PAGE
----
Aim of improving quality of life

What, if anything, would be morally improper about carrying out medical experiments on human embryos with the aim of improving quality of life of subsequent born individuals? Embryo experimentation is a relatively new and groundbreaking, yet contentious issue, which has inspired much debate in recent years. It involves the use of spare embryos that are created when couples turn to in vitro fertilisation, or IVF, as a means of conceiving when conventional methods prove to be ineffective. It is what is done with these ‘spare’ embryos that is the centre of debate.

Some believe that simply removing a human egg from a woman for fertilization and implantation is immoral (Grobstein, 1982, p. 20), while others object to any experimentation on an embryo that results in it’s destruction, due to the status of the embryo, and the belief that it has a right to life (Great Britain Committee of Inquiry into Human Fertilisation and Embryology, 1985, p. 61). Others hold the view that it is morally permissible to experiment on the embryo, as doing so can be beneficial in many ways, including assisting in the diagnosis of fertility problems and the eradication of diseases (Fisher, 1989, p. 194). It is these breakthroughs that can help to improve the quality of life for future generations of people.

IVF was created so that infertile couples would have the opportunity to reproduce, in cases where it was not possible for them to do so naturally. In the IVF process, gametes are taken from the couple involved, and mixed in-vitro, or in glass (Fisher, 1989, p. 22). Multiple embryos are created, even when a couple wishes to have only one child, to increase the chance of successful implantation (many attempts at implanting the embryos may be required before the woman becomes pregnant). Some couples may become pregnant on the first attempt, for others it may never happen. It is this process that results in there being spare embryos.

These leftover embryo’s will never be implanted, and therefore will never have a chance to develop. Currently, the law permits experimentation on these embryos, however there are several moral objections or arguments against the use of human embryos for research. The first of these, is the potentiality argument. The crux of this argument, is that it is wrong to experiment on human embryos because they hold the same status as any living human.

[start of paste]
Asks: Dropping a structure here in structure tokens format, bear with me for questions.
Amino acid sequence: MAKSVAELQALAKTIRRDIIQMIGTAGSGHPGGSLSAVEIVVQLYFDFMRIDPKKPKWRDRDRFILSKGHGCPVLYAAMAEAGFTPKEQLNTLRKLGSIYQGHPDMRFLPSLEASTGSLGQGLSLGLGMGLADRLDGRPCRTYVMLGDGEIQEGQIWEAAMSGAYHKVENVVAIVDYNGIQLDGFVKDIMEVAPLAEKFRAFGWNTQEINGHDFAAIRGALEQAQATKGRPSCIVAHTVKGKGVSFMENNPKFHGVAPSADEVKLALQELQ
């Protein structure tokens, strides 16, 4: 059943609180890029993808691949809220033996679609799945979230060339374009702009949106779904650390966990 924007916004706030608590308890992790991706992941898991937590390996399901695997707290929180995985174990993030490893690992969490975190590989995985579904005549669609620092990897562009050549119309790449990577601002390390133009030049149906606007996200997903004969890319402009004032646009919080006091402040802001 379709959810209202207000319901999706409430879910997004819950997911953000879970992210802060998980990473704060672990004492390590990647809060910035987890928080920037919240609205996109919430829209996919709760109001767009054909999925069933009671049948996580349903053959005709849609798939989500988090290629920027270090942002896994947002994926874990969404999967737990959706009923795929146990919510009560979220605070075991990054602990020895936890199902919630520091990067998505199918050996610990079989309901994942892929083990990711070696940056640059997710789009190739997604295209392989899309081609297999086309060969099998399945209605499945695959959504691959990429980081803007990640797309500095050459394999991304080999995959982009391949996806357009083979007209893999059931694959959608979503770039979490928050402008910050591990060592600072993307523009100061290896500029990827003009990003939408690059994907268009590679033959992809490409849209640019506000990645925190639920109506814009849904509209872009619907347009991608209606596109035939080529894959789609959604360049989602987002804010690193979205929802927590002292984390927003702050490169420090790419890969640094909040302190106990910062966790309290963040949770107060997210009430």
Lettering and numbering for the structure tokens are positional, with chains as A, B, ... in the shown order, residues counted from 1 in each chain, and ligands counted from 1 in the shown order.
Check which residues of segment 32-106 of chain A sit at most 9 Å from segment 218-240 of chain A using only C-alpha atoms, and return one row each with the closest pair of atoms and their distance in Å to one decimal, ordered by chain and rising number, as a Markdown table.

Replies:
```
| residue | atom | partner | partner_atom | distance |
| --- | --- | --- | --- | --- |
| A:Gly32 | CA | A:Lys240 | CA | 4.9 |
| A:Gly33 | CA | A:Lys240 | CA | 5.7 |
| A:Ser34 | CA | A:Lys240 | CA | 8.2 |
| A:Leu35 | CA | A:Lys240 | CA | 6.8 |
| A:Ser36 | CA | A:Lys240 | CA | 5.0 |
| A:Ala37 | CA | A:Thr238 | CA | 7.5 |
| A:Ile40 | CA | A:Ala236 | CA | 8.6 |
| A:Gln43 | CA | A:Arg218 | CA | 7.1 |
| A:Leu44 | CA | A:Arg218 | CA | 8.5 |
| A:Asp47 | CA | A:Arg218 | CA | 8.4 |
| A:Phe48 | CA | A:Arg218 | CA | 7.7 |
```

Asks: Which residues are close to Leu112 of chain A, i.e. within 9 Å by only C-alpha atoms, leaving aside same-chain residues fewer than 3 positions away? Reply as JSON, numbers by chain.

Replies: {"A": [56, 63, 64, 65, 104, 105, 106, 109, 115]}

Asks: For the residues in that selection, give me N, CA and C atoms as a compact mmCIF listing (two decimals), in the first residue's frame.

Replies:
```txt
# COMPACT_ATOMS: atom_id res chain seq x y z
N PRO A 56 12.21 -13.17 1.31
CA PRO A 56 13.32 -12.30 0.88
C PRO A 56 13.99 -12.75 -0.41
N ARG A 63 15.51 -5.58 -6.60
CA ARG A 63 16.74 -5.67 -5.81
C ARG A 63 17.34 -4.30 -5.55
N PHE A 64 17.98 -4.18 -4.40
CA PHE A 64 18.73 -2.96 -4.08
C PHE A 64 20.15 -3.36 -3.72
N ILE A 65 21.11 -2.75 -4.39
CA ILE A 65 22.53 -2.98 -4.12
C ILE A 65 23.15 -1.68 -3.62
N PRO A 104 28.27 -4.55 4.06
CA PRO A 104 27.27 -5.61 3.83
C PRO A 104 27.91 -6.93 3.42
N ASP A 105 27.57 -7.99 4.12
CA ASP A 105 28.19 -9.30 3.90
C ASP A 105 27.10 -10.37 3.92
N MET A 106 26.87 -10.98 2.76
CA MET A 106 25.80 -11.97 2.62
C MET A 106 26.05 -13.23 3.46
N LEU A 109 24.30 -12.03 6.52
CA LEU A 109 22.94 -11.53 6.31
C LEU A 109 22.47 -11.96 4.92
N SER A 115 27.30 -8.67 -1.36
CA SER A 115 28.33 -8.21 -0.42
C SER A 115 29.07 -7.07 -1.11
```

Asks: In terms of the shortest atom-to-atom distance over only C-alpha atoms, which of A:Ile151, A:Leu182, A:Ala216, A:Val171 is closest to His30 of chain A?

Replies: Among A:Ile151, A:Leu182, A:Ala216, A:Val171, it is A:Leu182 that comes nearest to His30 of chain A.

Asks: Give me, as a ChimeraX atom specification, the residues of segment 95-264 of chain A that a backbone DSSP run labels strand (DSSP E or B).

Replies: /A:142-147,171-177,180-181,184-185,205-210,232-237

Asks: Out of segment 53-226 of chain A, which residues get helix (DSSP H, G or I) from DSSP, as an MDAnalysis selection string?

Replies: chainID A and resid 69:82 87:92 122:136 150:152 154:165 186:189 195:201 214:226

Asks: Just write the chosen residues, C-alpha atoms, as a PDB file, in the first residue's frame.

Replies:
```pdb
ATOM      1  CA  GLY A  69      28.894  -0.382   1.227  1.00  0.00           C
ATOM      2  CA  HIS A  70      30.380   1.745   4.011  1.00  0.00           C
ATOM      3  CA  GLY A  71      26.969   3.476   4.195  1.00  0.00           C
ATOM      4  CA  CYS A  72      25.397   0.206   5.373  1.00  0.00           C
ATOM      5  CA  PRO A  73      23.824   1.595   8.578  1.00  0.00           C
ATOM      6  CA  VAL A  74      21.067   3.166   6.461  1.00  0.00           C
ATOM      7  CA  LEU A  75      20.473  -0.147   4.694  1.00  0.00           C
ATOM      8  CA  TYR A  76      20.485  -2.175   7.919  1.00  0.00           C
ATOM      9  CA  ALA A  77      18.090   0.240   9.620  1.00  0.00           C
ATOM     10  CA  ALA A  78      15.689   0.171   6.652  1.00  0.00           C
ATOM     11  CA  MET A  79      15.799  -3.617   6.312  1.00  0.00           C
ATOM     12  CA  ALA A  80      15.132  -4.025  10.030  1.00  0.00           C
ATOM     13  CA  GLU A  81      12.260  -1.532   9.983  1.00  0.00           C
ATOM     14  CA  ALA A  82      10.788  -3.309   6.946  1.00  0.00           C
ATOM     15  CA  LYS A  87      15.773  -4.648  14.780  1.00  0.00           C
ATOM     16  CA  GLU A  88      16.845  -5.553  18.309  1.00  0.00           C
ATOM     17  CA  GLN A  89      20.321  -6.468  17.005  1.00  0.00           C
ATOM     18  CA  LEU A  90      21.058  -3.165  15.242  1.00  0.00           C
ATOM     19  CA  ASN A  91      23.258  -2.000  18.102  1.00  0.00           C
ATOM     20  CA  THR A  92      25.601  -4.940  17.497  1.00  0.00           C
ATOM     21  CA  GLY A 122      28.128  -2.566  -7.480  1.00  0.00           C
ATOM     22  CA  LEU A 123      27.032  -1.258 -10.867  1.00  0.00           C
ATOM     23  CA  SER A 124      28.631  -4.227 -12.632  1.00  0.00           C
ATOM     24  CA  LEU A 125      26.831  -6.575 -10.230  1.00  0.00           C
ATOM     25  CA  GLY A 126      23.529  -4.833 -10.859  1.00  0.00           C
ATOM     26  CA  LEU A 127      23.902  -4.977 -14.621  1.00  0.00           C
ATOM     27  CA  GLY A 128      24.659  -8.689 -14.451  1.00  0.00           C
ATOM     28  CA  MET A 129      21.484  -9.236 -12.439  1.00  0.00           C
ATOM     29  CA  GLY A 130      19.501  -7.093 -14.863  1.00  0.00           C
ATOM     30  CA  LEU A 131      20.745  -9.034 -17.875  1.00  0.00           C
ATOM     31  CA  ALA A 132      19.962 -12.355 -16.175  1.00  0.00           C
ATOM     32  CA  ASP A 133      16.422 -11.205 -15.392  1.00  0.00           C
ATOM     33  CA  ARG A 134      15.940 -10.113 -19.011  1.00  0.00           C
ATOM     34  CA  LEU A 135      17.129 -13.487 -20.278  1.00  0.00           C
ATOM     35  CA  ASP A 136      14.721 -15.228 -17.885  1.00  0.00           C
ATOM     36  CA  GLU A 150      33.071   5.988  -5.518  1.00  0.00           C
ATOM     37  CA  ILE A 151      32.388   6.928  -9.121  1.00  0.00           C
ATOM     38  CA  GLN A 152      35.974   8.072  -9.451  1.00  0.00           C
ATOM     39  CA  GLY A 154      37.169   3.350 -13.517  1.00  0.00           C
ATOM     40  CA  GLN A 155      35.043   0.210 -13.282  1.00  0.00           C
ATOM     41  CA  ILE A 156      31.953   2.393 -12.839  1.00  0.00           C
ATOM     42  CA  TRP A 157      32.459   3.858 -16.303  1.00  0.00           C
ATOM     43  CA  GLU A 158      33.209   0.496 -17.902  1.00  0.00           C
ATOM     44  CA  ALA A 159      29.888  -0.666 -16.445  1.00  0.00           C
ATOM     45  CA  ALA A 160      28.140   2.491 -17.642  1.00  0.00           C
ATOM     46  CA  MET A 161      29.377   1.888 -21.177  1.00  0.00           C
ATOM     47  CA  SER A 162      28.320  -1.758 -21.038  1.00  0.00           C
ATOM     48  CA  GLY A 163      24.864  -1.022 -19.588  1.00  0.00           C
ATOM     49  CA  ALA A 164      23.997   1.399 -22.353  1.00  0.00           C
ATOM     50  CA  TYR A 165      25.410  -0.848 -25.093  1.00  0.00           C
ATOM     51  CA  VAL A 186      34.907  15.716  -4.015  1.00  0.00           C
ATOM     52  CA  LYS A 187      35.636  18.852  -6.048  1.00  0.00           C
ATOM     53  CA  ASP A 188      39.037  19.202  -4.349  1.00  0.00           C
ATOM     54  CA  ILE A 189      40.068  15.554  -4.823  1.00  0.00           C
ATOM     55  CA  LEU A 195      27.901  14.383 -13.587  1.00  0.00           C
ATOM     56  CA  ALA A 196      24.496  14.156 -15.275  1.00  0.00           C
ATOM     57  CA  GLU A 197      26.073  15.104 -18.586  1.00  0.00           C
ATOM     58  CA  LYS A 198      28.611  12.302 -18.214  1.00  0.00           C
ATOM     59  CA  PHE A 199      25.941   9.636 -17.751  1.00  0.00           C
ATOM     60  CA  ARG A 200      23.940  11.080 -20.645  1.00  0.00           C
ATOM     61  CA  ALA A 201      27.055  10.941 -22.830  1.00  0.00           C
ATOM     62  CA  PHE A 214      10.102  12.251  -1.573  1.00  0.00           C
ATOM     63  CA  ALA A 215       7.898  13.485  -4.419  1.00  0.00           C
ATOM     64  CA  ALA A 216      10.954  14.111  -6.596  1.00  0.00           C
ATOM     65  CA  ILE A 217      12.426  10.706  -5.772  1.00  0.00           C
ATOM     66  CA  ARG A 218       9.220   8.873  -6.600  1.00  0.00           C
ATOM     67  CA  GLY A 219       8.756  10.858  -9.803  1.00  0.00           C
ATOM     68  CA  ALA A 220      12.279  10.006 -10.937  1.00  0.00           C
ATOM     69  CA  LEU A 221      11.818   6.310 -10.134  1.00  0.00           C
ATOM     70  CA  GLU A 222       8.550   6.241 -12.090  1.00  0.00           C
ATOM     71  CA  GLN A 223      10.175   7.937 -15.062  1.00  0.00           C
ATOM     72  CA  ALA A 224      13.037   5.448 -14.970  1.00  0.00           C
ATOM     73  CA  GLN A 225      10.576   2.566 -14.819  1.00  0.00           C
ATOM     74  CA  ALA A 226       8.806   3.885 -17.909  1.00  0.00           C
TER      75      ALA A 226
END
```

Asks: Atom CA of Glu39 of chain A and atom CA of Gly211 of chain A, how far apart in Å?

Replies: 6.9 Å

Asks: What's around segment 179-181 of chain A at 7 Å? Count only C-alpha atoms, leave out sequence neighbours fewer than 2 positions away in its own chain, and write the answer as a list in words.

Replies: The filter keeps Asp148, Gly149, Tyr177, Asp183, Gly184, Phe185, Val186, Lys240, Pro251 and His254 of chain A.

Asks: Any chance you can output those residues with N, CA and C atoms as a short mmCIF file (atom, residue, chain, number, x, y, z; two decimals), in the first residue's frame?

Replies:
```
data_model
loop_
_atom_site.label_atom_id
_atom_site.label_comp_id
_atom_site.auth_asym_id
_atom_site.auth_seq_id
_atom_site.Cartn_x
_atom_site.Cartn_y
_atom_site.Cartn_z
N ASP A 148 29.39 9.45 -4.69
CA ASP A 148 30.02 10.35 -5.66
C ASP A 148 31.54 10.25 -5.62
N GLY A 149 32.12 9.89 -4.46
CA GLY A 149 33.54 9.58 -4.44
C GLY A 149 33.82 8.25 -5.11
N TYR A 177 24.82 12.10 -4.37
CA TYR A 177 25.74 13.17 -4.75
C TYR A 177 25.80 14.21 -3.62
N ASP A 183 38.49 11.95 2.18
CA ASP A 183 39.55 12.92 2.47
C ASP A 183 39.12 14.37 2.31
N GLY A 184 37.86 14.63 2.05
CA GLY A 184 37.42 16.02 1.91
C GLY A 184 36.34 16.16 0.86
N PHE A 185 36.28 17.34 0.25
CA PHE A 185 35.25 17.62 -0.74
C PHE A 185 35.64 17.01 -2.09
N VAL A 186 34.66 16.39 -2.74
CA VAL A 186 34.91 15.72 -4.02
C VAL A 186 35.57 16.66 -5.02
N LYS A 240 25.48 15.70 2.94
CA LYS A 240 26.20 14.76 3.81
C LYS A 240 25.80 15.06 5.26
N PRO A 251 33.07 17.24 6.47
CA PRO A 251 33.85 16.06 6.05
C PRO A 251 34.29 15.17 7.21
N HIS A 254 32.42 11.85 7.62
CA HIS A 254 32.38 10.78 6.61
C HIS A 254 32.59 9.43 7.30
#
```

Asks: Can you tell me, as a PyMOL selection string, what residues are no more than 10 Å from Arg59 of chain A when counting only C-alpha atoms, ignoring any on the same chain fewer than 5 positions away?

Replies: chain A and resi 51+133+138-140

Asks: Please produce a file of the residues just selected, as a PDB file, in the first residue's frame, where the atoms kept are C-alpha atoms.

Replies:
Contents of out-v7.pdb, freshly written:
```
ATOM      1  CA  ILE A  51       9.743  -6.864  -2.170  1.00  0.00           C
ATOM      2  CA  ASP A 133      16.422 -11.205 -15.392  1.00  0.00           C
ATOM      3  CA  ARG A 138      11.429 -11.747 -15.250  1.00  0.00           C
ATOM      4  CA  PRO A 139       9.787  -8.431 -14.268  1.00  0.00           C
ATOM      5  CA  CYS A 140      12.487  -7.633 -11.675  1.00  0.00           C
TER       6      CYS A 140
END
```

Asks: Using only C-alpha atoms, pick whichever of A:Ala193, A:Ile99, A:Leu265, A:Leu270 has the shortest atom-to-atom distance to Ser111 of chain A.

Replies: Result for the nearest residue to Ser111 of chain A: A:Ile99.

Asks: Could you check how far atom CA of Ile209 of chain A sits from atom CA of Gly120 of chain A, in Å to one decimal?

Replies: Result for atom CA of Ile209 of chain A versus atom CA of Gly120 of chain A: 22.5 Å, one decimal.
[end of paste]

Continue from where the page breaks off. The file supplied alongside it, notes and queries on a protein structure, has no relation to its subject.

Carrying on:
They have the potential to become a person, and they share the same genetic blueprint as they would have if they were allowed to develop into an adult human, so nothing should be done to prevent the embryo from developing into a human. To do so would be morally wrong (Great Britain Committee of Inquiry into Human Fertilisation and Embryology, 1985, p. 61). Because this view holds that the embryo is a person from the moment of conception, its destruction is tantamount to murder (Mori, 1996, p. 161).

There are several difficulties with this argument. The first is that just because the embryo will become a human being eventually, it’s not a good enough reason to treat the embryo as if it already had become a person, in the same way, you would not put a seed in a vase before it had grown to become a flower, and you would not treat a person as if they were dead, just because some day they will be (Harris, 1983, p. 223).

Another problem with this argument, is that the unfertilised egg and sperm have just as much potential as an embryo. Several conditions are required for an embryo to develop into a human life. But the same can be said of the gametes from both sexes. If the view is taken that all embryos should be allowed to develop into human life, then it must also follow that the gametes should also be allowed to develop in the same way (ibid). Obviously, this would not be possible. Although the human embryo does consist of tissue that is undoubtedly human, no new human life begins at the moment of conception, it is just 1 step in a continuos process in the creation of human life, and therefore, it is premature to ascribe the newly fertilised embryo moral rights (ibid p. 224).

Another objection to embryo experimentation is the slippery slope argument. In this argument, IVF is not objected to in and of itself, but the prospect that it may lead to other unacceptable practices such as forms of embryo experimentation, means that it becomes unacceptable (Govier, 1982, p. 303). Many people are opposed to the idea of scientists tampering with human life, and such unacceptable practices could include human cloning, experimentation with human-animal hybrids, and implanting human embryos in animals such as pigs, monkeys, and sheep (Fisher, 1989, p.193-194).

The rationale for this argument is as follows. Embryo experimentation and fertilisation are used in the IVF process to diagnose infertility, and help infertile couples in their desire to have children. This could lead to other interventions, including genetic engineering children to have blonde hair and blue eyes, or for 2 deaf parents to conceive a deaf child, in accordance with the desires of the parents. After all, if it’s ok to use IVF to conceive a child, why not go a little further and make it so that the child in question has blonde hair, blue eyes, and an I.Q. of 150?

The problem with this argument, is that acceptance of one form of technology, doesn’t automatically result in acceptance of others (Liu, 1991, p. 52). If IVF is accepted, it doesn’t follow that cloning humans and implanting human embryos in pigs will shortly follow. These types of situations are unique, and their ethical permissibility is, or should be, judged not on the basis of technologies that preceded them, but on their own merits.

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